My Lords, I am grateful to the noble Earl for his introduction. These are not contentious issues and I do not intend to hold up the debate for long, particularly as we are ready to go on to the next debate, my noble friend Lady Sherlock having arrived—she was worried that we would finish even before she could arrive.
My general point is that these seem to fall into the category of sledge-hammer and nut issues. I am a little more concerned about the address of registered office regulations than about the striking-off regulations, but it is true that, in both cases, the regulations have been brought forward because there is a defect in the original legislation and it is right and proper that at the appropriate time these are corrected—I am singing the same tune as the noble Earl did in his introduction. My points are therefore rather lightweight, but they are made for the purposes of scrutiny.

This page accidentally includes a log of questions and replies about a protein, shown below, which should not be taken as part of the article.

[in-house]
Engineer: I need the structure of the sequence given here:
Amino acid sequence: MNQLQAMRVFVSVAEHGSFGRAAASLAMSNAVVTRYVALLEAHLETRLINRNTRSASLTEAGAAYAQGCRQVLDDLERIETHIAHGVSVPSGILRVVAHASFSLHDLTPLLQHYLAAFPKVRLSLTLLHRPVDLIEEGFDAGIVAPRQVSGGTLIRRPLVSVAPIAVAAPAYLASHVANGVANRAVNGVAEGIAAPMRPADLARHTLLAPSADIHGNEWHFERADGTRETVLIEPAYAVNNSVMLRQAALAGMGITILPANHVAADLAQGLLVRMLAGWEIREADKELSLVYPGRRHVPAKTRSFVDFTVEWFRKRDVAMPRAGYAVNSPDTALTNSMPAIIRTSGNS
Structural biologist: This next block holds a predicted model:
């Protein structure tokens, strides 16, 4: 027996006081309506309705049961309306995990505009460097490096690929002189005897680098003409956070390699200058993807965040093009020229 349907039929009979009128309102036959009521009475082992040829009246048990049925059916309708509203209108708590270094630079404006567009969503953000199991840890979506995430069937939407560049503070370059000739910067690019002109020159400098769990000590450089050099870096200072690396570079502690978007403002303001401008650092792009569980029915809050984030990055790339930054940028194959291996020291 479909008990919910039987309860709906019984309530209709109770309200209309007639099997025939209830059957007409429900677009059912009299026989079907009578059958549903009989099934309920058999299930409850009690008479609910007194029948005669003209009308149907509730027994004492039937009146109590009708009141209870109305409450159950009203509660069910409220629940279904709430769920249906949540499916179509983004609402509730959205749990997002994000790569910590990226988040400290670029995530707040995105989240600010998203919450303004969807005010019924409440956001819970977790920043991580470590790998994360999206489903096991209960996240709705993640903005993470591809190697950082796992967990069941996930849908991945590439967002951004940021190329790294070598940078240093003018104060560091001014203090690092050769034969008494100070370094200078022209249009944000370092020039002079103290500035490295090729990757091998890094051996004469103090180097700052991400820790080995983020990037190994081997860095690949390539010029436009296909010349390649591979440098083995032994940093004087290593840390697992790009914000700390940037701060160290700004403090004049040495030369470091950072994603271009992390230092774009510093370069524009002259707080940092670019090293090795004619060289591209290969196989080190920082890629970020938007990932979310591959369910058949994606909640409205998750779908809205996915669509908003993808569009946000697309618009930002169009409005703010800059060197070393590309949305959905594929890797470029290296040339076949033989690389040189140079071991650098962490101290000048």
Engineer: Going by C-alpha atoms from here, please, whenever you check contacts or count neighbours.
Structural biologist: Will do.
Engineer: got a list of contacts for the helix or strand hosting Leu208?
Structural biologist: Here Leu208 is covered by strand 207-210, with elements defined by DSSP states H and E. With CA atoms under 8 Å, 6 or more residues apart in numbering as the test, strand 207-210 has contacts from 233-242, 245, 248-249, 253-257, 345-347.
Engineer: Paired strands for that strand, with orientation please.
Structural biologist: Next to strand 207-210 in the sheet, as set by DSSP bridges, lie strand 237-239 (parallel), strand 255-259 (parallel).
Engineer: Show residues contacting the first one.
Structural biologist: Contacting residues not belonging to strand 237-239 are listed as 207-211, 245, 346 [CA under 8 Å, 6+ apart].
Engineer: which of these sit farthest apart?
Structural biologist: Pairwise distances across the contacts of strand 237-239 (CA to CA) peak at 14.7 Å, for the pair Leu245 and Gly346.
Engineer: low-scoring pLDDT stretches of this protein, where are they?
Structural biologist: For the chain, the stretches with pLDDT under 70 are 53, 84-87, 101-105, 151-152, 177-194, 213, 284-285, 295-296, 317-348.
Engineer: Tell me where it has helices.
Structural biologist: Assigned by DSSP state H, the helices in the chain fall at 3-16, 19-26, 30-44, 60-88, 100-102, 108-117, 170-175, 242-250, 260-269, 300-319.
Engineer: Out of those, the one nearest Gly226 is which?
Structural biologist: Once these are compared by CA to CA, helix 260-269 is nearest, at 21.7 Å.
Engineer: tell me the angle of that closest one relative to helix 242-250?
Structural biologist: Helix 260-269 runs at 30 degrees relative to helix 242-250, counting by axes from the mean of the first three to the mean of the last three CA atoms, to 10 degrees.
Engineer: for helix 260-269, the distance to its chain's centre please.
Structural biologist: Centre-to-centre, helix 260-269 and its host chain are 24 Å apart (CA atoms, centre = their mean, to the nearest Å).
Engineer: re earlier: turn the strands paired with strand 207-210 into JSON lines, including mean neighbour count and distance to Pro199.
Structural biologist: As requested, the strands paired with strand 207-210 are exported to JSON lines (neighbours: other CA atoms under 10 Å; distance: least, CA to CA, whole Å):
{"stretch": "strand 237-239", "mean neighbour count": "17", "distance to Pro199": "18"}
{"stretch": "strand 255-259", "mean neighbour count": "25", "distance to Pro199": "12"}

First, on a factual point, in both sets of regulations it is clear that a review will be required not only before December 2020 but every five years thereafter. However, it does not say that in the Explanatory Memorandum, although it does say it in the regulations and, in one case, in the Explanatory Note. When these things are brought before the Committee, it would be helpful if such things were all along the same lines. I assume that the substantive position in the regulations is correct and that these provisions will be subject to periodic review. Having said that, these changes are so trivial that, given their nature, I wonder whether it was necessary to make them in quite such a gold-plated way. The statement is fairly clear that not only is there to be a review within five years and every five years thereafter, but that there is also provision for a review should there be any unexpected responses to the regulations, so the Government are well covered on this. I certainly would not be shouting from the rooftops were this to be watered down a little, but it may be too late for that.